The modern bourgeois epistemology of individualism and its value of self-control transmute all those who do not live their lives in that fashion into deviant “others” who need either to be educated or, failing that, coerced into the proper, normative behavior. Professionals—therapists, educators, doctors, and so on—construct rational and individualistic models to be applied universally.
Developmentalist feminism promotes a characteristic norm of female progress: emancipation from the bondage of childbearing and village life to enter the world of professional paid employment, money being crucial to individualistic autonomy. In a modern context where community has disintegrated and women become dependents of their husbands, such autonomy is highly desirable. But in the context of the rich community life in the less developed world, emancipation simply replaces dependency on community with dependency on employers and the global economic system. Women who may have had a lot of power in village society have very little in the globalized institutions to which they provide labor. The “women’s empowerment” rationale for population control policies therefore buys in to a normative Western conception of what life should look like. It takes for granted that these societies should become more like our own. That is the essence of “development.”
Given that the same ideology of development propels the world toward a high-consumption, resource-intensive way of life, we might want to be skeptical of this particular outgrowth of population fundamentalism.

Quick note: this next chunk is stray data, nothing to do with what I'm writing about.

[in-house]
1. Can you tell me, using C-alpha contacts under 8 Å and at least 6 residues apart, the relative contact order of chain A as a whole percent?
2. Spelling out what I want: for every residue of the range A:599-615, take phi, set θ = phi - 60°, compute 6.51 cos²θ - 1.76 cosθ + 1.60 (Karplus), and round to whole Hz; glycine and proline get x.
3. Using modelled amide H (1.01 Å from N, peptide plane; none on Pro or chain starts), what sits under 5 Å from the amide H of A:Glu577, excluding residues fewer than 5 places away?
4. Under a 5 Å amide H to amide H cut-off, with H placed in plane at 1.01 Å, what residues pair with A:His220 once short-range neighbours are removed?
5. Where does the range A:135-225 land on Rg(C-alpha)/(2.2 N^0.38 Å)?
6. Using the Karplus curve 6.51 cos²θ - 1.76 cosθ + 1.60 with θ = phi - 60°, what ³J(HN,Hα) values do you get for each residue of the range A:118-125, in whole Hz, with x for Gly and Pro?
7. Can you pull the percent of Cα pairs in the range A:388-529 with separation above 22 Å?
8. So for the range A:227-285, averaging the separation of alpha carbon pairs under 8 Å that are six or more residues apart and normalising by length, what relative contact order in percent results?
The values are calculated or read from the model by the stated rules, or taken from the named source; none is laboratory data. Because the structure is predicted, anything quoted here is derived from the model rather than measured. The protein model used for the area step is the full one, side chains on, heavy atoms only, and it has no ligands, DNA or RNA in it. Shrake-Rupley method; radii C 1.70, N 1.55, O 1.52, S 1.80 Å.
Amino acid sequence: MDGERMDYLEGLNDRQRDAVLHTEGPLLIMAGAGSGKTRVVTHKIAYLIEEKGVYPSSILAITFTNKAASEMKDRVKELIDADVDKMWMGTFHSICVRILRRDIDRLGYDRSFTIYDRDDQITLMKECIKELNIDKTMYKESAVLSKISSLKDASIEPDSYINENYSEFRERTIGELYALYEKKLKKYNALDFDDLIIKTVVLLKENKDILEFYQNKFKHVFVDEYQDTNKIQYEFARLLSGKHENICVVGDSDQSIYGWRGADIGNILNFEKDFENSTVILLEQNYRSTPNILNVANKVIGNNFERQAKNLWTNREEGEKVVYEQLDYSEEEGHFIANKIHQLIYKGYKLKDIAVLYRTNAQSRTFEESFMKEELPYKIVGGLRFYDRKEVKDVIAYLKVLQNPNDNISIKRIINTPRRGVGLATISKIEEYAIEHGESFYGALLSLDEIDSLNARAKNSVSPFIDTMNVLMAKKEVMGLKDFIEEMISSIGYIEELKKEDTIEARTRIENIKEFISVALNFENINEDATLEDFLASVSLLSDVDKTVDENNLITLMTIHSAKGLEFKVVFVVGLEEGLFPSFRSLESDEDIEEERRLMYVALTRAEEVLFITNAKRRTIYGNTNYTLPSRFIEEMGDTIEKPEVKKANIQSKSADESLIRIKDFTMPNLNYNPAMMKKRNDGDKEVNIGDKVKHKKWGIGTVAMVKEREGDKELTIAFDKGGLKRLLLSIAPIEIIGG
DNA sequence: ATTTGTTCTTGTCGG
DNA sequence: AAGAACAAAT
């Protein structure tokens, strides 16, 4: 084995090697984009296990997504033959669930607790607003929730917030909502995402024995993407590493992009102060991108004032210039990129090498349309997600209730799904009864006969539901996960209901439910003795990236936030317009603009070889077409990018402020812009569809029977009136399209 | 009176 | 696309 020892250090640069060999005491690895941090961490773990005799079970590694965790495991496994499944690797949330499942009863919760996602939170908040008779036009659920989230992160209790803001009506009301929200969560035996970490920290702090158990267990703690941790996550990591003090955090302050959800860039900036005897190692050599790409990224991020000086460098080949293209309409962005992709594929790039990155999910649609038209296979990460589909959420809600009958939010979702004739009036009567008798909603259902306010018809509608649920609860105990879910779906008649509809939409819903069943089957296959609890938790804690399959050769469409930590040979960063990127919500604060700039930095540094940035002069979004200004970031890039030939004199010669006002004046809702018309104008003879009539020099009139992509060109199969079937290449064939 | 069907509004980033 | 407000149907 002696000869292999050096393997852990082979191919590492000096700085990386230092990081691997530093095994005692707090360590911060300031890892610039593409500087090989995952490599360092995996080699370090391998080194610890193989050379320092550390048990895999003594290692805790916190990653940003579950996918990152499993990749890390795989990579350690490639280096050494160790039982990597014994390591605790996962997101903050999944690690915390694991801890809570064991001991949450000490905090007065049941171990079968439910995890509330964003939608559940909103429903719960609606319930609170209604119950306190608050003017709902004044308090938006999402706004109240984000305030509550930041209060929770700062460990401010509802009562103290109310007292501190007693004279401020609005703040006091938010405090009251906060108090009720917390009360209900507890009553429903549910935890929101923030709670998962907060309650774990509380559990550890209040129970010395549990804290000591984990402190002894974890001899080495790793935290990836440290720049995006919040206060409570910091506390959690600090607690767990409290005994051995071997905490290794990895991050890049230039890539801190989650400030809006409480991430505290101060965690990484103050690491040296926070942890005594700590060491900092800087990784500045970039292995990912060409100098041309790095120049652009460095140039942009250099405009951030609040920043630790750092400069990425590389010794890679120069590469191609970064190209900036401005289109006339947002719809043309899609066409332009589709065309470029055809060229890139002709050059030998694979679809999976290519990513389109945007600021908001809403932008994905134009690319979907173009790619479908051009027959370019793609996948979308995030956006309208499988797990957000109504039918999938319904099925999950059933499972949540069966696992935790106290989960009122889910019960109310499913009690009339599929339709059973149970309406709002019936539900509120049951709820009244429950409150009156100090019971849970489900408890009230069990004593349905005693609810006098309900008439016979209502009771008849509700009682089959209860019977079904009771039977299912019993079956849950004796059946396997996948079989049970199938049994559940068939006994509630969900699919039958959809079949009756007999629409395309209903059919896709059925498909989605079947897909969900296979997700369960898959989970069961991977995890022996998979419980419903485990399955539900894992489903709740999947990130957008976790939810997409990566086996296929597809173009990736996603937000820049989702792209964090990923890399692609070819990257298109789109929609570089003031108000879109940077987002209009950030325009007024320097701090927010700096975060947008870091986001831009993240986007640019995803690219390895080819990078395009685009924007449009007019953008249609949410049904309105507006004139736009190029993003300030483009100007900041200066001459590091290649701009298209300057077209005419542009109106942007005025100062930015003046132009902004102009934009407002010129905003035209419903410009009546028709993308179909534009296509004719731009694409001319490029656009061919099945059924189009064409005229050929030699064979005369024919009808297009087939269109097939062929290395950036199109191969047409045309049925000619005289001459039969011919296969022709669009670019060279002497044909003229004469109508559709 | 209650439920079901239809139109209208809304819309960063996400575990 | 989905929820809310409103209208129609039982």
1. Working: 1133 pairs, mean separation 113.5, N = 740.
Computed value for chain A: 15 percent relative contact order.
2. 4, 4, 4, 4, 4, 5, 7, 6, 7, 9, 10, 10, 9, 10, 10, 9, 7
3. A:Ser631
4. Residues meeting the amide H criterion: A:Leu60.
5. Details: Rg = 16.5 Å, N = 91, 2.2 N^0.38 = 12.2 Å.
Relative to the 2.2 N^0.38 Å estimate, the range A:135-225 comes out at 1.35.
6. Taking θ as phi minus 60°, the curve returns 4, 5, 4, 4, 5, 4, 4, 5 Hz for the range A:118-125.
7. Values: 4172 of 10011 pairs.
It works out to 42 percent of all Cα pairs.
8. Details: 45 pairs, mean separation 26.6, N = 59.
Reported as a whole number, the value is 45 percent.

When we reject the usual rationale for population control policies—hunger or climate change—we face another question: What kind of world do we want to live in? A strong case can be made for Earth being able to support 50 billion humans, but do we want to live on such an Earth? If we aren’t forced to stop or reverse population growth, might we do it for some reason other than survival necessity?
Accustomed as our society is to war thinking, it is no wonder that the solution to population growth is birth control. Problem: population; reason: too many babies; solution: prevent babies from being born. In fact, access to contraception is a minor factor in determining fertility rates. By far the biggest influences on birth rates are (1) education of women and (2) mortality rates. The former is a proxy measure of affluence, social stability, and transition out of patriarchy. (No, it is not that dumb peasant women need to be “educated” into wanting smaller families.) As for mortality, if many children don’t make it to adulthood, parents and the culture will want more of them. Rising life expectancy leads, within a generation or two, to lower birth rates.